23 May 2018

No longer lost in space: Australia will have its first ever space agency (soon!)

This article was written by Prudence Buckland and Henry Sit. 

Last week the Australian Government released the highly anticipated Report on the Review of Australia’s Space Industry Capability (Report) and the Australian Government’s Response to that Report (Response). The funding and policy commitments made by the Government in the Response herald the most significant suite of reforms for the sector in recent times. 

These reforms will impact satellite-based service providers (communications, imagery and positioning) and manufacturers, space start-ups, research institutions, and government – and will have implications for those sectors that rely on space-based technologies including financial services, agriculture, transport, manufacturing and construction. Regulatory reform is also on the horizon with a draft space Bill slated for release during 2018.   

The Response commits the Government to implementing (in-principle) all nine of the recommendations made by the Expert Reference Group in the Report. The recommendations address investment, governance, regulatory and strategic matters relevant to the sector. However, the Report’s key recommendation is the creation of a dedicated, ongoing and whole-of-government agency ‘to realise Australia’s civil ambitions in space’ – a recommendation foreshadowed last year. The Response commits the Government to establishing this Australian Space Agency from 1 July 2018.

The commitments made by the Government in the Response follow this month’s Budget announcements. As part of the 2018-19 Budget, the Government allocated $26 million over the next four years for the Agency’s operational funding and $15 million to invest in international space projects. $224.9 million was also allocated between two separate items over four years from 2018-19 to improve the accuracy and integrity of satellite navigation.

The success of the Government’s strategy to drive investment and position Australia as a key participant in the global space economy will depend largely on the function and capability of the Agency. The article examines the key aspects of the Government’s strategy particularly having regard to the central role of the Agency.

Key aspect

What you need to know…

Establishing a dedicated, ongoing, and whole-of-government statutory agency

  • Agency to be established by the Government through a soft launch on 1 July 2018.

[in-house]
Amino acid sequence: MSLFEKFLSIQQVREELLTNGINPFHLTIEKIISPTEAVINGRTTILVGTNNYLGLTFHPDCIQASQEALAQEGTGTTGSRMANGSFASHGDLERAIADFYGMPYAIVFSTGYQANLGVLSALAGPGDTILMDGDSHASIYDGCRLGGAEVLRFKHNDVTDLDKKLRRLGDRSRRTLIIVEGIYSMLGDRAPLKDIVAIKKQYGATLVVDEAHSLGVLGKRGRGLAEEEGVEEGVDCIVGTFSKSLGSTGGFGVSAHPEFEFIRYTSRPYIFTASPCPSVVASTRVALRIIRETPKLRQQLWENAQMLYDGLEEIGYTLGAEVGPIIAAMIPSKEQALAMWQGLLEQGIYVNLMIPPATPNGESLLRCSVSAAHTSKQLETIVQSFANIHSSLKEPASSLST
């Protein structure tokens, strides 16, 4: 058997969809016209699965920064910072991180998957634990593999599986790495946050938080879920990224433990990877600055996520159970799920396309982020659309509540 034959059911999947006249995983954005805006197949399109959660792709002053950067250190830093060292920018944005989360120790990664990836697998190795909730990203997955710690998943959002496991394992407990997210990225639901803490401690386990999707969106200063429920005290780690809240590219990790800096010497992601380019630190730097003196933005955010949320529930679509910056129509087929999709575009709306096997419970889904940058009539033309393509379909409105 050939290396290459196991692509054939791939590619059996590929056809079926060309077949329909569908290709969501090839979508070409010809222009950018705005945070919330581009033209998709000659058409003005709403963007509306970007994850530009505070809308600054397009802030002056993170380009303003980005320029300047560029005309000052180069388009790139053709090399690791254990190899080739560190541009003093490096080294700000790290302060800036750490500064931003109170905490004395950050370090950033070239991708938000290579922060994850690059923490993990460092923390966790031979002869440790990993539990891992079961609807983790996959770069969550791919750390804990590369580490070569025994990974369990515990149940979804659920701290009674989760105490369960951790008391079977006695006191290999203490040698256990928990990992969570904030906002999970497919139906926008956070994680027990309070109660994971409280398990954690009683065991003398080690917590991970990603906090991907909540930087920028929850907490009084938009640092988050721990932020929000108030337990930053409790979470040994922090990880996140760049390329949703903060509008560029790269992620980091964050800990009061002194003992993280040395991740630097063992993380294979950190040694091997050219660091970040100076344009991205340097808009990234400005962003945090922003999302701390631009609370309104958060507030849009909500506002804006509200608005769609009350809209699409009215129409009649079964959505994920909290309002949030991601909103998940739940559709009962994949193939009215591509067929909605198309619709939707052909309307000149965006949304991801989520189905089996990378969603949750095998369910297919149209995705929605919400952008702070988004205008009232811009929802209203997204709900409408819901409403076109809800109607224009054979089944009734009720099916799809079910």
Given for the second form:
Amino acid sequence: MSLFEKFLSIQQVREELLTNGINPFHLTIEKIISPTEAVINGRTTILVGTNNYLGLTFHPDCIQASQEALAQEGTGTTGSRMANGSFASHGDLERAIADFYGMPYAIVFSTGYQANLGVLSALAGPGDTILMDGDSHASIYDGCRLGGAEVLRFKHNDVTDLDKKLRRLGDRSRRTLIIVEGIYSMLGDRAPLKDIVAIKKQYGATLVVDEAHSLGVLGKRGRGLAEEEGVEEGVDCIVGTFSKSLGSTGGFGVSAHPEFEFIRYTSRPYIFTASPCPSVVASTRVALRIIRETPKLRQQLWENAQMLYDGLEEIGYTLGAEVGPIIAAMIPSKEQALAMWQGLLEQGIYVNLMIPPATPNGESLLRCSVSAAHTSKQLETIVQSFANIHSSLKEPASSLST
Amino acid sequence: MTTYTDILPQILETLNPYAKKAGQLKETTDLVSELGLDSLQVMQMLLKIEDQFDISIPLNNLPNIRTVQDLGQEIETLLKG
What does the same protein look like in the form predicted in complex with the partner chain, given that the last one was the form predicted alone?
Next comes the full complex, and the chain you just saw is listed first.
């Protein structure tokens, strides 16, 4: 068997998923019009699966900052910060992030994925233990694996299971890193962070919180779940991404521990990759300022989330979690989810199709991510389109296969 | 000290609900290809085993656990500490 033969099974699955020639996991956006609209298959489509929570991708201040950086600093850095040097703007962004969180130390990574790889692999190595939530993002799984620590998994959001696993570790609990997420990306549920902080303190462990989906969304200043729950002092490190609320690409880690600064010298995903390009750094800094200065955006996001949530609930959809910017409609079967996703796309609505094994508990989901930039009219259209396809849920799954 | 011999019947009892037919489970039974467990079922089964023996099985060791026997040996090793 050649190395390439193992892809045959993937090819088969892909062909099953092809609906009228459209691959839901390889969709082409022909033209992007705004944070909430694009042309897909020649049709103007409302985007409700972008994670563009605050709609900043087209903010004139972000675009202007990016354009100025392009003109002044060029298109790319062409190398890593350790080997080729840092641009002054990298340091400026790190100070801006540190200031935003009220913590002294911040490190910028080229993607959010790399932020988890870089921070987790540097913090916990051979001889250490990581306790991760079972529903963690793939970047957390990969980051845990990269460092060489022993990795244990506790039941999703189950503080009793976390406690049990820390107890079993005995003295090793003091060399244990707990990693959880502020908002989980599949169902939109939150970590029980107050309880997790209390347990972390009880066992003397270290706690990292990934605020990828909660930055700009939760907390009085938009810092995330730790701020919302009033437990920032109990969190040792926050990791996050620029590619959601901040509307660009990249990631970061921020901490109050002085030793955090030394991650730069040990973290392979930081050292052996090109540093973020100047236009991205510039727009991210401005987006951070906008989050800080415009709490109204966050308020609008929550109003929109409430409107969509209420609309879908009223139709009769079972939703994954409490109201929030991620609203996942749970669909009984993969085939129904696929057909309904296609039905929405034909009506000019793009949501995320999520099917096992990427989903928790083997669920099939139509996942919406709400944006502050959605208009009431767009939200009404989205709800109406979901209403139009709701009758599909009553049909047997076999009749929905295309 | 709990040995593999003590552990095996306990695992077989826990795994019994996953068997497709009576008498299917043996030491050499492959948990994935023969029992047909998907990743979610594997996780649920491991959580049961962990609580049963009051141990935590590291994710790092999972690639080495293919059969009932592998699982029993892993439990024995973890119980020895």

• As a unit within the Department of Industry, Innovation and Science, the Agency’s operations to be facilitated initially by department staff (although the Agency could seek to procure external capability on an exceptions basis).
  • Agency’s operations to be reviewed over the next four years and a statutory basis for the Agency to be determined after that.
  • The bulk of the Agency’s functions are yet to be determined – the Charter developed in the Review will operate as a guiding document for the Agency’s operations until a formal charter is developed.

Developing a strategy to support and prioritise space activity

  • Agency to be responsible for preparing a national civil space industry strategy (Strategy) that will seek to triple the size of the Australian space industry to $10-12bn by 2030.
  • The strategic priority areas for growth, as identified in the Report, will be considered by the Agency in the development of the Strategy.  These priority areas cover everything from communication technologies and satellite data to space debris monitoring, navigation infrastructure and research and development.

Funding and investment

  • Agency to receive initial operational funding of $26 million over four years. The Government will also invest $15 million over 3 years to enable the Agency to collaborate with international space agencies on strategic projects, enabling participation from Australian business.
  • Agency to provide to the Government analysis of the costs and benefits of creating a ‘Space Industry Development Fund’. The purpose of the Fund would be to facilitate investment in international partnerships, industry-led collaboration and national nodes (it may also provide early stimulus to national infrastructure (e.g. enabling commercial ground stations and shared test facilities)).

International and domestic engagement

  • Agency to actively engage with domestic and international stakeholders from industry and the community to better support long-term, sustainable growth in the sector.
  • Agency to examine opportunities to link the Australian space industry to the purchasing needs of government, noting that the procurement requirements of individual portfolios (e.g. Department of Defence) will remain the priority.
  • Agency to work closely with other Commonwealth and State / Territory agencies to create alignments in investment approaches and engagement with Australia’s space industry, as well as approaches to STEM education / training and industry-led research.

Reshaping the regulatory environment

  • The Space Activities Act (Act) is currently under review – it is proposed that the Act will be streamlined to ensure that regulation of Australian space activities is not unnecessarily burdensome.
  • It is anticipated that the revised Act will be introduced into Parliament this year.

Key contacts

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